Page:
Tips on how to deal with failure in examinations

WHILE many matrics will be excited today, many of those who failed will be feeling shocked, humiliated and hopeless.

Education expert Peter Kriel of the Independent Institute of Education said that although a bad result might seem like the end of the world there was still a lot you could do to prevent it from affecting your future.

“All is not lost and depending on the degree of failure there is much to be done to get you back on the right track,” Kriel said.

According to him, supplementary exams are a must for those who qualify.

“If you are lucky enough to have the opportunity to retake an exam, go for it,” he said.

For those who do not qualify, Kriel suggests redoing matric.

“I know it can be embarrassing to go back to school, but a quick internet search will point you in the direction of many accredited institutions that can help you get your matric qualification.”

Kriel said those who passed but did not qualify for acceptance at the institute of their choice should also not lose hope. “Maybe you were destined for something else. Take some time, step back and look at your options.”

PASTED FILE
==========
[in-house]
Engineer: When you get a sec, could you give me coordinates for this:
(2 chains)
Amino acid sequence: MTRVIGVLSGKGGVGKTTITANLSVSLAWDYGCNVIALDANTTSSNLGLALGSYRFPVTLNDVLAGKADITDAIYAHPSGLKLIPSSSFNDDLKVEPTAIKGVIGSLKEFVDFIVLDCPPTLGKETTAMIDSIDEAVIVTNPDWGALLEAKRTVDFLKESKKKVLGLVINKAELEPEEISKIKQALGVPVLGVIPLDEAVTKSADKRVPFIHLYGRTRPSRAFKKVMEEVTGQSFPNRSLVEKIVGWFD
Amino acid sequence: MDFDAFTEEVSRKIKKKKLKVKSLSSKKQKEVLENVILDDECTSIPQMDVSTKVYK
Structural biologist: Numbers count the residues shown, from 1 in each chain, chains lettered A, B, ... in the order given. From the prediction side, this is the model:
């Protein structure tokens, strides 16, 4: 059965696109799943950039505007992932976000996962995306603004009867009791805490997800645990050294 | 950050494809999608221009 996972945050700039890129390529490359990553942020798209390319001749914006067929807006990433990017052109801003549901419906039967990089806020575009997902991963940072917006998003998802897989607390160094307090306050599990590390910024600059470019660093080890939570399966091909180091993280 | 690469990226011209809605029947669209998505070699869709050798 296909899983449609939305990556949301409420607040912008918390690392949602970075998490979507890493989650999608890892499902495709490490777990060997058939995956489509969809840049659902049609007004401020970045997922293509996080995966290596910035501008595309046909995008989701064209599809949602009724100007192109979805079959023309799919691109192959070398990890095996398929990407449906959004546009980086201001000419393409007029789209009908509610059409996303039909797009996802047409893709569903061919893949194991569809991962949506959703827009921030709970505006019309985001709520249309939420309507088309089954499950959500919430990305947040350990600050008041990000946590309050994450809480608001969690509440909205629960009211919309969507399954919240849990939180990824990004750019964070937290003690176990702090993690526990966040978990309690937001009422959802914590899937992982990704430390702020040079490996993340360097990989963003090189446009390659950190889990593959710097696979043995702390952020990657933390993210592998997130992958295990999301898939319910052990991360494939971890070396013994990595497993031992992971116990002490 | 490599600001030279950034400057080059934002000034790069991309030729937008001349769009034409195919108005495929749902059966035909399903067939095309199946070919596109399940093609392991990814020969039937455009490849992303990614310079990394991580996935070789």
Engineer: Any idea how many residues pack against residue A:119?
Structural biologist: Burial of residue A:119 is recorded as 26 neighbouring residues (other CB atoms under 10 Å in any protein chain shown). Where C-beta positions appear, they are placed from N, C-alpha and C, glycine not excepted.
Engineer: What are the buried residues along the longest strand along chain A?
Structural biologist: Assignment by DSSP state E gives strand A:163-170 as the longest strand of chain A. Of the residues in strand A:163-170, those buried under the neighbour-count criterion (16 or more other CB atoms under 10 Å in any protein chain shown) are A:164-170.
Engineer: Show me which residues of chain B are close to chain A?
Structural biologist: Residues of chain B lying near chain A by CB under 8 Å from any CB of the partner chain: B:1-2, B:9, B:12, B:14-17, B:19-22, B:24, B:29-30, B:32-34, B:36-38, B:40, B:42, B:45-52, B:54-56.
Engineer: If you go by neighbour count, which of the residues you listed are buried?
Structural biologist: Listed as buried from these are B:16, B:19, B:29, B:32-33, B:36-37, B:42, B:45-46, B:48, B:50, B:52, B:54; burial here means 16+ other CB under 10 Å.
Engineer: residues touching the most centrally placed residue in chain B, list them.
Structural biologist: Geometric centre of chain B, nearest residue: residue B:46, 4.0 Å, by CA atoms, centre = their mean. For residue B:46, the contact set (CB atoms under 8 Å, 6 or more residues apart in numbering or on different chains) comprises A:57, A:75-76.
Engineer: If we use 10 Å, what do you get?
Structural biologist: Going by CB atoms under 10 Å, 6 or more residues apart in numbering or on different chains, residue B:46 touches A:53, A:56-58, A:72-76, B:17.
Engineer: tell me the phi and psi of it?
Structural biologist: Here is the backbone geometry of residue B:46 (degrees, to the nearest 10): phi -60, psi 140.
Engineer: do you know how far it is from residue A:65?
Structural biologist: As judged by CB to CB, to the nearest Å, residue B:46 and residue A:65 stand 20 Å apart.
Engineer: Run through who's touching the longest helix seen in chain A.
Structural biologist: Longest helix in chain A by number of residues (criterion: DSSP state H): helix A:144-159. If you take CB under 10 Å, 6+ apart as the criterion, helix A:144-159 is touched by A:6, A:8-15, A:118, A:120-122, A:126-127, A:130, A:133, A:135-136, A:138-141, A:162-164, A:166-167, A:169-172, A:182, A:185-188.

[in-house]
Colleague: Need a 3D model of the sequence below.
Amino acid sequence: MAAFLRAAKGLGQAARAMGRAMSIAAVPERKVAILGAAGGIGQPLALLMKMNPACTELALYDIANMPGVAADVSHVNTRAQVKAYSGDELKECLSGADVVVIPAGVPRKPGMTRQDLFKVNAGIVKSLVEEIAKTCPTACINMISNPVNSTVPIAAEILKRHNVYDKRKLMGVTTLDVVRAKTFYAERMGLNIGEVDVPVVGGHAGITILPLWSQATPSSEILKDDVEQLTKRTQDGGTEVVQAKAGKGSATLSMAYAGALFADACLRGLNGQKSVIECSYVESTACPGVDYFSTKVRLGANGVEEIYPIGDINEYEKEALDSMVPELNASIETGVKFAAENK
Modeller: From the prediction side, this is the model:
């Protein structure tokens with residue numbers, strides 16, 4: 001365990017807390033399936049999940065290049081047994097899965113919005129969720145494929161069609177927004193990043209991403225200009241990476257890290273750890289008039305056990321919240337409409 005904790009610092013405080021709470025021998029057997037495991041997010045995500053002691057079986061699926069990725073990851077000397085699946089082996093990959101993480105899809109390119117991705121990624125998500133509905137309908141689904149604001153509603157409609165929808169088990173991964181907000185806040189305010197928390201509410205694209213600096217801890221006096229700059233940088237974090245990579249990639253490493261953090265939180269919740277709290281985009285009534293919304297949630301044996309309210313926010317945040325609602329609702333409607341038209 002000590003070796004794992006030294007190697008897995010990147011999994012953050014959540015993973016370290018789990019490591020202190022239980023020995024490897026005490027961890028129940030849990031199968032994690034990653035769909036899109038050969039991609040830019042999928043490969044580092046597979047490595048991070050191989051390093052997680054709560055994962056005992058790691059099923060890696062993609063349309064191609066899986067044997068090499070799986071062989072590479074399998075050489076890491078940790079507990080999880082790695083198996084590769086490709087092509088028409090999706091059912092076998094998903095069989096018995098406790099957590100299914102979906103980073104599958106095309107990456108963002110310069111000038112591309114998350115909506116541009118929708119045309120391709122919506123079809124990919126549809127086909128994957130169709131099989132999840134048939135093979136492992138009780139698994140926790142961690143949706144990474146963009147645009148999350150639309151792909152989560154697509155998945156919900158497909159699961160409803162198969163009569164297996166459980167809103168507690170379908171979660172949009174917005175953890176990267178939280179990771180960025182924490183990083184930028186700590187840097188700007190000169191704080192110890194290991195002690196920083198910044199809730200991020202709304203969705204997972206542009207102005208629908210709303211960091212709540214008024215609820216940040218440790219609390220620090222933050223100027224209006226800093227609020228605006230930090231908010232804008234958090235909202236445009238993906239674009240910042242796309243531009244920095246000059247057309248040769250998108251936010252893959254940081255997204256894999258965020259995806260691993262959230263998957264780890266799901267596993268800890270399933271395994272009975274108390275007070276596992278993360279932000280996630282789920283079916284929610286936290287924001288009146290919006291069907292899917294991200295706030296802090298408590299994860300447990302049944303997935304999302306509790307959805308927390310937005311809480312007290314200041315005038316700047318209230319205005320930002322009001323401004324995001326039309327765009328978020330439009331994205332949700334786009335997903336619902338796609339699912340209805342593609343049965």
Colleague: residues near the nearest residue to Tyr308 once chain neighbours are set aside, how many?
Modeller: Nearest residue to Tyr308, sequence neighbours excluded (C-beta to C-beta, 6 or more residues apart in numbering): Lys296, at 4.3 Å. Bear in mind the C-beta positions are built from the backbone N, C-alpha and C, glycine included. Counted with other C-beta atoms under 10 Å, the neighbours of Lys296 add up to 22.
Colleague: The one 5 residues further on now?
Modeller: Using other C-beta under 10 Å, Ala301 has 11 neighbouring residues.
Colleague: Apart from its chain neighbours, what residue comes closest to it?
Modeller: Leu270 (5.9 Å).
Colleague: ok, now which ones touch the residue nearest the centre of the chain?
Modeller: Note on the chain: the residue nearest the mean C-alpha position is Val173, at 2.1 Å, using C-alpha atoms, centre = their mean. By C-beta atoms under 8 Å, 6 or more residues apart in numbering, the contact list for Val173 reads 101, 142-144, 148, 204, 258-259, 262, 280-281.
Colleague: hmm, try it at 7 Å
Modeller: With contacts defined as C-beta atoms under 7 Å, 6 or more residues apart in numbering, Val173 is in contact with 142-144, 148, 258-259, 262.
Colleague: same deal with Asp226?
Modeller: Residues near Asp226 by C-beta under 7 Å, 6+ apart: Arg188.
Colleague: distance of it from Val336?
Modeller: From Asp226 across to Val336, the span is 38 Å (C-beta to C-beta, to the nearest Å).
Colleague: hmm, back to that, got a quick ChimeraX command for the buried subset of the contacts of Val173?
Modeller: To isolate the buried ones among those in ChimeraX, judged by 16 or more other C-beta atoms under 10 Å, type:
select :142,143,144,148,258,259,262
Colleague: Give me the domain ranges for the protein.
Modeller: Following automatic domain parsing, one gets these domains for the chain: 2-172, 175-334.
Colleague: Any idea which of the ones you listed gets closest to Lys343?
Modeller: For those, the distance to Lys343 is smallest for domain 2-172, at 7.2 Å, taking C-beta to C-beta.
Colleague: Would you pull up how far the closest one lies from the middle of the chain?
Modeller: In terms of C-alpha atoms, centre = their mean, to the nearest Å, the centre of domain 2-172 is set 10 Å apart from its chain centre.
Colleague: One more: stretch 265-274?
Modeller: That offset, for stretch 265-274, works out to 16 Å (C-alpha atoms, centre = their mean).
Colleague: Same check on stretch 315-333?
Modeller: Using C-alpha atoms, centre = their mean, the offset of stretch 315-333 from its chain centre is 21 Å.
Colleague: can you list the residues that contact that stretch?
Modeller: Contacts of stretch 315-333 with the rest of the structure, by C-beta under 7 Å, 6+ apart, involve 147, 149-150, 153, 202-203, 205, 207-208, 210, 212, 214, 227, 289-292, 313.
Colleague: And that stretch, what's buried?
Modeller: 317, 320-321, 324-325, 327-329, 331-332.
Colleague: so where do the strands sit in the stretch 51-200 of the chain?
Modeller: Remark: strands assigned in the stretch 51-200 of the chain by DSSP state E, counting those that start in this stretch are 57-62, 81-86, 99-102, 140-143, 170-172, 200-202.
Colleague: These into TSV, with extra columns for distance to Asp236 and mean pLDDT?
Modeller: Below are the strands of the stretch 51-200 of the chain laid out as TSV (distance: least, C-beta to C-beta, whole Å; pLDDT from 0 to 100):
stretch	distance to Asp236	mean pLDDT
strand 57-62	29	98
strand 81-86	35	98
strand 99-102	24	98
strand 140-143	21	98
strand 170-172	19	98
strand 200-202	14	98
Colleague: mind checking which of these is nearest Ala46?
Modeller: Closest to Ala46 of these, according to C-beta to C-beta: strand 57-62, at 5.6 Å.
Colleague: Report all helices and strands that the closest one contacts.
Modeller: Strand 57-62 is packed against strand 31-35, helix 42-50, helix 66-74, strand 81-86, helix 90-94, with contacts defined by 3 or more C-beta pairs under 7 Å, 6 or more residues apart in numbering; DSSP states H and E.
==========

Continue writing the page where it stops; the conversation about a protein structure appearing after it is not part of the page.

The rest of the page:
Almost 10% of teen deaths in South Africa arecaused by suicide, with one of the triggers being exam disappointment, according to the South African Depression and Anxiety Group (Sadag).

“There are children who have undiagnosed depression or who undergo a trauma or an experience that makes them more vulnerable, and this can be the final stress that causes them to commit suicide or use drugs,” Sadag spokeswoman Dessy Tzoneva said.

“We will all fail at some point. But for some students, failure is a tipping point, when added to any other problems they may be experiencing.”

For those receiving an unfavourable result, LifeLine Port Elizabeth counsellor Werner van der Westhuizen gave the following tips:

  • Acknowledge your feelings, whatever they may be, and realise that it is normal to feel like that;
  • Remember that you are not alone. Many people are going through a similar experience;
  • Talk to someone you are comfortable with and know you can trust;
  • Get the right information before making any decisions. Set up a meeting with the school if necessary and ask for input from your teacher; and

For confidential counselling contact LifeLine Port Elizabeth at (041)373-8882.

Eleanor Douglas-Meyers 

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